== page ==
Friday, February 7, 2020

Helleborus foetidus

Photos above taken in January 2018


Photos above taken in March 2018.  All photos are from my garden.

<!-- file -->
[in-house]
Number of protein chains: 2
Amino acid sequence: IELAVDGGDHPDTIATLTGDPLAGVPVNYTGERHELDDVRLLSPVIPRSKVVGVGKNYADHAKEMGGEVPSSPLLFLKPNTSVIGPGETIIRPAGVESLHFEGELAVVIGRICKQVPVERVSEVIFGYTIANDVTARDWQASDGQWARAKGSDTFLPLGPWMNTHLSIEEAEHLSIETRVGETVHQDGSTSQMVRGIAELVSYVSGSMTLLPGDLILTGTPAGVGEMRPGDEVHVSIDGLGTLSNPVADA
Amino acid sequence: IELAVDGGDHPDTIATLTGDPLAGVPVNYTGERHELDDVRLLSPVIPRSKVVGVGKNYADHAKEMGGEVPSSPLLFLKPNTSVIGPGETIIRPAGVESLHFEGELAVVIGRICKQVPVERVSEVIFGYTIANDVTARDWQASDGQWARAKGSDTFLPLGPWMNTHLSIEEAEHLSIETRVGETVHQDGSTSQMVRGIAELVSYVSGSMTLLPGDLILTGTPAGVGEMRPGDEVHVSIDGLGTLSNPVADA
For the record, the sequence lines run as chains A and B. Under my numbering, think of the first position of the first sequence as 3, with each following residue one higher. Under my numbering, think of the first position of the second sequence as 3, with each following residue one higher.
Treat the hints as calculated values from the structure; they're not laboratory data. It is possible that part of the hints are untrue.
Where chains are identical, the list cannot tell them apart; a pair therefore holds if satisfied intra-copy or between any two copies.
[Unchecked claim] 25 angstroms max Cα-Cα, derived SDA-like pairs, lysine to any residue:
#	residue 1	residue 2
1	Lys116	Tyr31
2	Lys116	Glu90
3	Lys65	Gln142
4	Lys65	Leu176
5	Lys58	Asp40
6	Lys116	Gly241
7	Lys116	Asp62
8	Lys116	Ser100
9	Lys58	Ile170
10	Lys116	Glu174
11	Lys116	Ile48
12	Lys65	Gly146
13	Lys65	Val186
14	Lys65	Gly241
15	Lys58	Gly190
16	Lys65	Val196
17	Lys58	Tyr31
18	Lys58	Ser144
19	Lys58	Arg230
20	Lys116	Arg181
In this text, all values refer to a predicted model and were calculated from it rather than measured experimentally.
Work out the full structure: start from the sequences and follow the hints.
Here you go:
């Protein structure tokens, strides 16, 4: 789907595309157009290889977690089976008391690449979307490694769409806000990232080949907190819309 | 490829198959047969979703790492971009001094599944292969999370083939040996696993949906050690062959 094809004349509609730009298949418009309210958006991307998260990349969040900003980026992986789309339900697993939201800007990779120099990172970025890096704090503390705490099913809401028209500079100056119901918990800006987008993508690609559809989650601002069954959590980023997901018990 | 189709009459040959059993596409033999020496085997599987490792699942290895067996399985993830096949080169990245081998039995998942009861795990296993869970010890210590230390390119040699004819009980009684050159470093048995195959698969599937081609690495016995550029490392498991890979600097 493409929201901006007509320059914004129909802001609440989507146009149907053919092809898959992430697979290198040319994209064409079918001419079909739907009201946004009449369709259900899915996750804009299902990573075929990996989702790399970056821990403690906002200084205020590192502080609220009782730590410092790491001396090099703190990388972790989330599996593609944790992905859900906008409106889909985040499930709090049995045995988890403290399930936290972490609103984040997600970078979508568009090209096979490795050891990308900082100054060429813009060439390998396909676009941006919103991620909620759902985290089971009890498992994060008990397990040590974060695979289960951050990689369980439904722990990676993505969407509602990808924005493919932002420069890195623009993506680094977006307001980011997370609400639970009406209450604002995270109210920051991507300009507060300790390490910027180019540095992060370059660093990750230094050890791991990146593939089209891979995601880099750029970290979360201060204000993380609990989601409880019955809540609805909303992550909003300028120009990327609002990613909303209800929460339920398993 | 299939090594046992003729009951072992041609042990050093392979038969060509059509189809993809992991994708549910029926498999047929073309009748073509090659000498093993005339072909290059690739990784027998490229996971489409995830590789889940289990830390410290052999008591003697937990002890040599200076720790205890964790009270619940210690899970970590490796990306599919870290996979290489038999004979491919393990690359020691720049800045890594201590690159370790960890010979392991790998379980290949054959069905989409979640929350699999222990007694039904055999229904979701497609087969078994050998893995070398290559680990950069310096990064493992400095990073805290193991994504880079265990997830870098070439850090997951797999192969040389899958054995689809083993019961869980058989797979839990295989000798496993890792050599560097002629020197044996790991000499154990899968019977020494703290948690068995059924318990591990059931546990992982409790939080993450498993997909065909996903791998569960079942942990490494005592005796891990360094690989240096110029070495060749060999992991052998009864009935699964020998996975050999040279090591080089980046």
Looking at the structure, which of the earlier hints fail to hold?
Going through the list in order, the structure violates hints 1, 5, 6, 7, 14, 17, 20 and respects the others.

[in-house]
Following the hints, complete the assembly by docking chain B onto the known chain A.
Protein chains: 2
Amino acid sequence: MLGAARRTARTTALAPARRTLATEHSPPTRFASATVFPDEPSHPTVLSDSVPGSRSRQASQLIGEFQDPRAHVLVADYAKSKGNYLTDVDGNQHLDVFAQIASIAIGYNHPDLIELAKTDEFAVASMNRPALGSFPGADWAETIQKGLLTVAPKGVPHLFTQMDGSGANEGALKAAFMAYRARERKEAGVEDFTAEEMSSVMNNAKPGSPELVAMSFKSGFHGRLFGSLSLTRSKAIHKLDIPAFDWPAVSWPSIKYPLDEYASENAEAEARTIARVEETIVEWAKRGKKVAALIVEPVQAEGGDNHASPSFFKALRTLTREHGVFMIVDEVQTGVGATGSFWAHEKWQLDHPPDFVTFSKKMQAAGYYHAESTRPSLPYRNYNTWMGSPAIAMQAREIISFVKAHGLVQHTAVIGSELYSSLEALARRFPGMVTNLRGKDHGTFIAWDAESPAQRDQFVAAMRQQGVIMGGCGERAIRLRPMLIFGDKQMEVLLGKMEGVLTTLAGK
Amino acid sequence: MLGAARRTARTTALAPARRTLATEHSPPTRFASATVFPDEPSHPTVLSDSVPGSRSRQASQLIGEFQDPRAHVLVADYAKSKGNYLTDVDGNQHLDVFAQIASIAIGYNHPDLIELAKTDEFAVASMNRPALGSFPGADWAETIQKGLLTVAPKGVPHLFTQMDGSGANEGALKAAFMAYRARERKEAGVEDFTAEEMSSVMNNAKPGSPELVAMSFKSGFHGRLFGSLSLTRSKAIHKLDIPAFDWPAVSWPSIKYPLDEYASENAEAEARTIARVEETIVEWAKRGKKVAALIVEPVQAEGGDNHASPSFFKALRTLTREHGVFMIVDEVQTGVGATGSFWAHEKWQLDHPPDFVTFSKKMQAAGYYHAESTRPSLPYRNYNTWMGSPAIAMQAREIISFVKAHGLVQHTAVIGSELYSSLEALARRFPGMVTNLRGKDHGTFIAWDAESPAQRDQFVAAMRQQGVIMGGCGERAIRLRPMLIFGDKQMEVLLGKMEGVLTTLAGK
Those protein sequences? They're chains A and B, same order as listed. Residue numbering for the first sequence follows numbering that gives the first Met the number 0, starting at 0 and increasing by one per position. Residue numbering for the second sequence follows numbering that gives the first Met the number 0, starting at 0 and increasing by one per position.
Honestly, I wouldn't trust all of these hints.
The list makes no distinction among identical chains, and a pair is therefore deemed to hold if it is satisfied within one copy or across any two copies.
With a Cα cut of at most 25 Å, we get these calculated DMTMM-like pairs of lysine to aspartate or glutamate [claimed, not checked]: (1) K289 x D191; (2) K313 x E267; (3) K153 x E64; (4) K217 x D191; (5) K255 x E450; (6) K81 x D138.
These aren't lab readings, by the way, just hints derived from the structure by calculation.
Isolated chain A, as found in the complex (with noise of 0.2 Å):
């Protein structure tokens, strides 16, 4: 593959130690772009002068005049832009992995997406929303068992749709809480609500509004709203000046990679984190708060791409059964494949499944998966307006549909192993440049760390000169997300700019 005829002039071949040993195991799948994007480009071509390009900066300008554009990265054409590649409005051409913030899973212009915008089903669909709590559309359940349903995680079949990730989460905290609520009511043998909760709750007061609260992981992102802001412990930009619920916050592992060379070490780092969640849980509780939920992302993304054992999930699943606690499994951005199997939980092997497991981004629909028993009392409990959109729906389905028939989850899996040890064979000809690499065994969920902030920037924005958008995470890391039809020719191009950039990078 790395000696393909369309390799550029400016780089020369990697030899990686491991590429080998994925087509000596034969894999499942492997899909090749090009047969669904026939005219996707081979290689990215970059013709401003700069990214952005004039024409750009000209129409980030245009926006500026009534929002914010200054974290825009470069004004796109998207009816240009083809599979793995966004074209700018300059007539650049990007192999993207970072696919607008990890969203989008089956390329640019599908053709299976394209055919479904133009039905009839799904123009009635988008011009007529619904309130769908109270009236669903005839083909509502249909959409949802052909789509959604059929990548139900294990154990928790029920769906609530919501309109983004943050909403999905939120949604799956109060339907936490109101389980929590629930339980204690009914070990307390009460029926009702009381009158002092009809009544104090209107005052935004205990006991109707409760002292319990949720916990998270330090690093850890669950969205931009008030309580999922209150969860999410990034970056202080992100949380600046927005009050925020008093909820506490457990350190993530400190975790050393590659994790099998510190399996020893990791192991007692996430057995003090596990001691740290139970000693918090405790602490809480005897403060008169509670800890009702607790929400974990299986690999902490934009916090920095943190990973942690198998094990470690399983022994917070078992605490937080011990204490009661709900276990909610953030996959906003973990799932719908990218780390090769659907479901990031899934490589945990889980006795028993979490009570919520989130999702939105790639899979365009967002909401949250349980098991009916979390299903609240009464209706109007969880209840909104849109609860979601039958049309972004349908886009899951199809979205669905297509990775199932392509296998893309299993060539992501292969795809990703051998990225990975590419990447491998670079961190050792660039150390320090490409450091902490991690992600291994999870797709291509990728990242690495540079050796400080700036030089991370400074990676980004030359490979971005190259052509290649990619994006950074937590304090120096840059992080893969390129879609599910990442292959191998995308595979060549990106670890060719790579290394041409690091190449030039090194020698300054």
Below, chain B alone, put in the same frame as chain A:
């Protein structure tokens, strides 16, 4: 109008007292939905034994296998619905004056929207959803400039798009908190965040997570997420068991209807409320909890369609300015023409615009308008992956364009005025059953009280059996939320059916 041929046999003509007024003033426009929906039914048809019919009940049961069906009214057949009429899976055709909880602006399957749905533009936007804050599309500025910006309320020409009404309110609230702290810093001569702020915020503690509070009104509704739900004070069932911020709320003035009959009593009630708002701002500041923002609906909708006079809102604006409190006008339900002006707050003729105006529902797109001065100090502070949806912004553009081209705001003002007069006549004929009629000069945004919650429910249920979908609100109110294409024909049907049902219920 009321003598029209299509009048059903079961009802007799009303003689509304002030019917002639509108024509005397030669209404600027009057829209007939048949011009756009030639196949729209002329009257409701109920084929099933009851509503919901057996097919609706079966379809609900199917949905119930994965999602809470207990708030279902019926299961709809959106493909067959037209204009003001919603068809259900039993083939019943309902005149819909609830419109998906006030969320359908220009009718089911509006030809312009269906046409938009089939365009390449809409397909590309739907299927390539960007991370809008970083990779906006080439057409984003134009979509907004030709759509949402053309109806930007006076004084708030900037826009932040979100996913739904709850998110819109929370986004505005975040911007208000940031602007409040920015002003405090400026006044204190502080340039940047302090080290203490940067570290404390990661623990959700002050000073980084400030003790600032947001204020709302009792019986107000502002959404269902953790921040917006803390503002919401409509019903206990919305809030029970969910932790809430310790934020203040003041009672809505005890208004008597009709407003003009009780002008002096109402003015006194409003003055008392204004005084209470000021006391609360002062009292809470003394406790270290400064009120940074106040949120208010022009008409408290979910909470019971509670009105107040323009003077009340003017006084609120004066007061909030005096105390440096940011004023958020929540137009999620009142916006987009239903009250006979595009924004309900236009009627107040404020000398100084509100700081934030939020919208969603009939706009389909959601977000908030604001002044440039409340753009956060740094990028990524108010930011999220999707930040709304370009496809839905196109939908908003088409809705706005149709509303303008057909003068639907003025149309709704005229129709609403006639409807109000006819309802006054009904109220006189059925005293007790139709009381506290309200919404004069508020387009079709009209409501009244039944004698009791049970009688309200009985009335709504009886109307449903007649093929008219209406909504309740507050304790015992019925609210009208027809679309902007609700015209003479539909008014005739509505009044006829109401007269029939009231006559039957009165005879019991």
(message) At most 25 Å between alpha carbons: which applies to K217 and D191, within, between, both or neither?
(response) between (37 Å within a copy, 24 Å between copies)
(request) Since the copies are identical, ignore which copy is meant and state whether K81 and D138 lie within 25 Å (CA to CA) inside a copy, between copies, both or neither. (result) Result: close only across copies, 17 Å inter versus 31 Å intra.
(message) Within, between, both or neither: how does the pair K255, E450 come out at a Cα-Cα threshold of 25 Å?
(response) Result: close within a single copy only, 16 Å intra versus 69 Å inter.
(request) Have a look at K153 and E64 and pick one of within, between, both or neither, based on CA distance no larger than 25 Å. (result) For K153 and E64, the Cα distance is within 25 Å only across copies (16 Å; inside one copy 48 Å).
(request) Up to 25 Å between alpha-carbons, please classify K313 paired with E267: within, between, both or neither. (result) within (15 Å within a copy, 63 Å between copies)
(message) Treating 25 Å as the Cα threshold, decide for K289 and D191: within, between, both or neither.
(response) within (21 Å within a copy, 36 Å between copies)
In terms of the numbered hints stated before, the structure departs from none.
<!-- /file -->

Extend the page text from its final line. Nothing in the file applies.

Helleborus foetidus (Stinking Hellebore) has worked exceptionally well in my dry, lightly shaded garden in Seattle.  There is moderate to fairly steep slope, so the plants are never in standing water.  A 50-foot tall Fraxinus oregana (Oregon Ash) extends sparse branches, 20 feet above ground level, over the area.  My 15 hellebores, scattered randomly, make quite a show from January through March.  The foliage is attractive all year.  The plant is called the stinking hellebore, because of the odor of its crushed leaves.  I've never noticed the odor.  It's a needlessly off-putting name.  I took seedlings no more than 5 inches tall from another garden where they were plentiful.  Those seedlings grew to their mature height (2 to 3 feet) within 3 years.  The plants continue to expand laterally as the number of stalks increase.  This is a long-lived perennial.  The stalks die after blooming & setting seed.  New stalks grow to replace them & bloom the next year.  The green or chartreuse flowers are attractive to insects, especially bees.  The leaves are dark green, but leaves, stalks & flowers are sometimes tinted red. The Wester Flisk Group of Helleborus foetidus is reliably reddish.  I suppose that my plants may be descendants of that group.  Helleborus foetidus is native to the mountainous regions of Central and Southern Europe, Greece & Turkey.